Meaningful Use 2 and PHR (Patient Health Records) Part II

Benter AdedeStarred Page By Benter Adede, 11th Jul 2012 | Follow this author | RSS Feed
Posted in Wikinut>Health>General Health>Public Health

Do you really know about the Patient Health records and how they are managed?


Patient Health Records (PHR) is a record kept by a patient about their health information. This can be updated by the patient and shared with their physicians. Health care gives can also update these records during the patient visits. Therefore, the record consists of the patient’s health data and information in relation to the care that they get from health care givers. The patient has the liberty to choose the contents of the PHR and further determine how the records are stored. They also have the ability to choose what information their physicians have access to. This greatly improves privacy and the patients are assured of their health information security. The main purpose of a PHR solution is to provide an accurate summary of a patient’s medical history which can be easily accessed. This is further demonstrated by the way the PHR solutions provides a single source for authentication and remote access of the health information data from all EMR systems. The information included in the PHR is immunisation, lab results, prescriptions, hospitalizations, medical tests, insurance information, etc.

PHR and EMR or EHR

Some PHR systems are incorporated into the Electronic Health Records or Electronic Medical Records such as,
• Patient Ally which is part of the Office Ally EMR (Electronic Medical Records) which is also an accredited EHNAC organization.
• Patient Fusion which is freely incorporated into the Practice Fusion Electronic Health Records.

Health care givers who use these systems therefore enjoy the added advantage of the inclusion of the PHR. This makes is easy for them to fulfil the meaningful use requirements. The health care givers who do not however use the above mentioned EMR system solutions need not worry. There are several PHR solutions that are offered online and for free. Most of these solutions have the interoperability feature which most EMR system solutions lack. For instance, Epic Lucy PHR which does not rely on the Epic platform in order to run and can be accessed online. Another example is the Microsoft HealthVault which can be used to access health information even in the absence of an EMR system.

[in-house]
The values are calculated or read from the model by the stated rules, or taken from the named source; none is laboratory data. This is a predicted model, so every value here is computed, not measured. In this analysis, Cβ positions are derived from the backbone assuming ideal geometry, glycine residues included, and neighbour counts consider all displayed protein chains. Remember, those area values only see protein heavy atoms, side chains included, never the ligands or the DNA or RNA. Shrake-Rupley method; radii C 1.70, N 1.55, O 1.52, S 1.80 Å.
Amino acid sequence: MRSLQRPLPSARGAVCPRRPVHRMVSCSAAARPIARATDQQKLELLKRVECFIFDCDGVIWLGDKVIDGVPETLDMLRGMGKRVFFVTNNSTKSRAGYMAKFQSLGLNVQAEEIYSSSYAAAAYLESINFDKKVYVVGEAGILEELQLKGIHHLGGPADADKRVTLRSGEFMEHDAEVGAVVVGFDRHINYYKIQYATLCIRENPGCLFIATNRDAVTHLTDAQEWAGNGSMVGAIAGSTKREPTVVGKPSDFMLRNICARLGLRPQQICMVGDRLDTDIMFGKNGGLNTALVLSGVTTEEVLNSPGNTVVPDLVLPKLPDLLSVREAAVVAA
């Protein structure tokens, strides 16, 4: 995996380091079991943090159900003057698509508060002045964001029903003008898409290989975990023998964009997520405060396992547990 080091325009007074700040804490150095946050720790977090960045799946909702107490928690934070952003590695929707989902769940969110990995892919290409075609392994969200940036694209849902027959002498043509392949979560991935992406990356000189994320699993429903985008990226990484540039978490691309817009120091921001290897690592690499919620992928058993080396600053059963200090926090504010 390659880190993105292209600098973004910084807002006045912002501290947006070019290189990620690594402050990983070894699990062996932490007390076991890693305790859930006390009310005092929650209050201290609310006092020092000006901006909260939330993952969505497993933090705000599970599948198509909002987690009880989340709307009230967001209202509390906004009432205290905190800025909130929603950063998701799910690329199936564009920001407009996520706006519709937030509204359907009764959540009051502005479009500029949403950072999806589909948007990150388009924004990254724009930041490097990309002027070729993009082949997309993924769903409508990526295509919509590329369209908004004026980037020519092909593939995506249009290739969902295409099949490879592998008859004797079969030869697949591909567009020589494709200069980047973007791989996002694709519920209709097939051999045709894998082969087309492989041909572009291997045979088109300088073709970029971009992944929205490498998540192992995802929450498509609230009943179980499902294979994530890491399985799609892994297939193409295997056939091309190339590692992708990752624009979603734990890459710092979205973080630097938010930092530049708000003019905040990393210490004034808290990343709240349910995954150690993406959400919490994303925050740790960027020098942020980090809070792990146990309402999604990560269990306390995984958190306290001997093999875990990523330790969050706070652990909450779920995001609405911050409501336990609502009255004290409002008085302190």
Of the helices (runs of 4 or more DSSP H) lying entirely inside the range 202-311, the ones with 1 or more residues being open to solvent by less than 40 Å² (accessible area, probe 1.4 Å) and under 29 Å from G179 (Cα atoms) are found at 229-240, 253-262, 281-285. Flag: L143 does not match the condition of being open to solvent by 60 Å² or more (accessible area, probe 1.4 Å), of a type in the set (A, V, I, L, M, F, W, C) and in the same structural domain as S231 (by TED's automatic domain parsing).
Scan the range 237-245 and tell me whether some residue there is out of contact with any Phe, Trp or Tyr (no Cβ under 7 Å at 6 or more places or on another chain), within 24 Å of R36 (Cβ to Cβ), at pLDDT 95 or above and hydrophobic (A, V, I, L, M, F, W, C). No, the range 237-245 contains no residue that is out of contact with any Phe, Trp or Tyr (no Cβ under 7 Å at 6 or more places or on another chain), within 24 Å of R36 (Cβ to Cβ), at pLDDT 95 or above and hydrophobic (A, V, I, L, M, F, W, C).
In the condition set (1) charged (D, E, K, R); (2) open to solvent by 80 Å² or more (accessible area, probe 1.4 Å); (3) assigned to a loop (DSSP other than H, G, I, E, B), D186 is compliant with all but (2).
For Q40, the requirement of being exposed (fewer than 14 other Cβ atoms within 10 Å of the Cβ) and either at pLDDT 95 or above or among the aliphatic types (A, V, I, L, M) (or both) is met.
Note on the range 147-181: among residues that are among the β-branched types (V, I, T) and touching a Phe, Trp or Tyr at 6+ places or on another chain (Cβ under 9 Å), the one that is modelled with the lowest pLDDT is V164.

Implementing Meaningful Use

Health care givers have no excuse therefore when it comes to implementing the meaningful use requirement of giving patients access to their health records upon request. There are however some obstacles with the PHR; in the section where patients can enter their own data into a free-standing personal health record. In theory, patients can add data into their PHR systems and dispatch it their physicians through a secure messaging function. In reality, patients do not use the PHR since they do not understand what it’s for. Most of them expect the doctors to keep track of their care for them.

All in all, it is important to note that the health care sector is undergoing a huge change in how health records are created and stored all around the world. Younger physicians have taken to smartphones and iPads simply because they grew up with the Internet. Most physicians and hospitals however, will change only because the regulations in the HITECH Act, which was part of ARRA and not “the Affordable Care Act”, which dictate that digital changeover is mandatory by the end of 2014. Patients on the other hand have been slow to adopt PHRs due to a lack of incentives. With just over 10 per cent of the population maintaining a PHR, that is, using a computer or Web site to maintain a personal health history. These records could be anything ranging from a spread sheet to a full-bore electronic record.

Meaningful Use Payouts

At the same time, portals also figure in meaningful use payouts. There are some 140 physicians strong, Worchester, Mass.-based Reliant Medical Group (formerly the Fallon Clinic), who have received nearly $2 million in incentive payments. As part of meaningful use, they gave patients access to their records, their test results and further allowed them to get electronic copies. They use Reliant's portal, which is part of its Epic EHR, patients are able to download a Continuity of Care Document (CCD) which summarizes the key clinical measures. This is how the Reliant has been able to meet that meaningful use requirement. Patients can see their data from the ambulatory setting At UPMC and inpatient alike, notes Martich, the CMIO. Its ambulatory system houses its portal, but any inpatient discharge summaries, ED reports, and operative reports are conveyed to the patient's individual HealthTrak account.

Further Reading

MEANINGFUL USE 2 and PHR (Patient Health Records) Part I

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